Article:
• Reading Comprehension - Understanding written sentences and paragraphs in work related documents.
  • Active Listening - Giving full attention to what other people are saying, taking time to understand the points being made, asking questions as appropriate, and not interrupting at inappropriate times.
  • Writing - Communicating effectively in writing as appropriate for the needs of the audience.
  • Speaking - Talking to others to convey information effectively.
  • Critical Thinking - Using logic and reasoning to identify the strengths and weaknesses of alternative solutions, conclusions or approaches to problems.
  • Active Learning - Understanding the implications of new information for both current and future problem-solving and decision-making.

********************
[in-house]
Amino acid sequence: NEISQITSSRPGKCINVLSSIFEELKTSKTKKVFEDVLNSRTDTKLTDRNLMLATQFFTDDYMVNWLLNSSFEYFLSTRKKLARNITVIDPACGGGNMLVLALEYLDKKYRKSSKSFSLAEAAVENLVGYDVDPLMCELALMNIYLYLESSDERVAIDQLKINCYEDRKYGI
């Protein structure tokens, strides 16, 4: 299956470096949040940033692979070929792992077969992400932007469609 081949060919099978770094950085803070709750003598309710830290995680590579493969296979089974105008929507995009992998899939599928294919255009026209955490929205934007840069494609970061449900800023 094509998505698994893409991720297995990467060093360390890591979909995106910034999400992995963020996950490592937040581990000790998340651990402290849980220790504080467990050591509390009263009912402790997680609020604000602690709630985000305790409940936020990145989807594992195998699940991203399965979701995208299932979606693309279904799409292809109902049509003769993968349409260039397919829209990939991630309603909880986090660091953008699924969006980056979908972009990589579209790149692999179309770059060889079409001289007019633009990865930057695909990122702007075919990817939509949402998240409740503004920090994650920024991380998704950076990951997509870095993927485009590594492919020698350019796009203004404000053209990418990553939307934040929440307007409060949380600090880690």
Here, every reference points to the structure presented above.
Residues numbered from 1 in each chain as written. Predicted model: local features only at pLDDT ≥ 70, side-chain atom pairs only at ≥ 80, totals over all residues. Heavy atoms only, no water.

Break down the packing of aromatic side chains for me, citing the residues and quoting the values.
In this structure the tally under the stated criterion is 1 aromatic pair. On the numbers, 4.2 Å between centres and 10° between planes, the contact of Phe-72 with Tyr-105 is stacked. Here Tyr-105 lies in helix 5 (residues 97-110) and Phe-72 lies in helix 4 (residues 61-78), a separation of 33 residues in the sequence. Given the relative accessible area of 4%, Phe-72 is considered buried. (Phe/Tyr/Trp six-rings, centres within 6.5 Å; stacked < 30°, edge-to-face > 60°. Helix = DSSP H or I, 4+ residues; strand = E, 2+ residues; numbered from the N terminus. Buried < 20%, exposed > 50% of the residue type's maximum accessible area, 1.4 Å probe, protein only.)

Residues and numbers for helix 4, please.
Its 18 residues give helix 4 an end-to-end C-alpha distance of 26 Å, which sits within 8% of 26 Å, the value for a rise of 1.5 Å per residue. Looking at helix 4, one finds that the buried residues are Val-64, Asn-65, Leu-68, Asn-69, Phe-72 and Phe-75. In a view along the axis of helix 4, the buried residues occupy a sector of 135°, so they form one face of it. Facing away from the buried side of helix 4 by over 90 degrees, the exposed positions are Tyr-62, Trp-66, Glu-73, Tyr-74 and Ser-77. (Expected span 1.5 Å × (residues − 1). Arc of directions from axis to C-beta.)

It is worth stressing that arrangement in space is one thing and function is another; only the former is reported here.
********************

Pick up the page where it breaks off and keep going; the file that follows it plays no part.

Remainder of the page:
• Monitoring - Monitoring/Assessing performance of yourself, other individuals, or organizations to make improvements or take corrective action.
  • Social Perceptiveness - Being aware of others' reactions and understanding why they react as they do.
  • Coordination - Adjusting actions in relation to others' actions.
  • Instructing - Teaching others how to do something.
  • Complex Problem Solving - Identifying complex problems and reviewing related information to develop and evaluate options and implement solutions.
  • Judgment and Decision Making - Considering the relative costs and benefits of potential actions to choose the most appropriate one.
  • Time Management - Managing one's own time and the time of others.
  • Management of Personnel Resources - Motivating, developing, and directing people as they work, identifying the best people for the job.

Related Careers

  • Forest Fire Fighters
  • Forest Fire Inspectors and Prevention Specialists
  • Municipal Fire Fighters
  • Municipal Fire Fighting and Prevention Supervisors
  • Ship and Boat Captains
  • Transit and Railroad Police
  • Transportation Vehicle, Equipment and Systems Inspectors, Except Aviation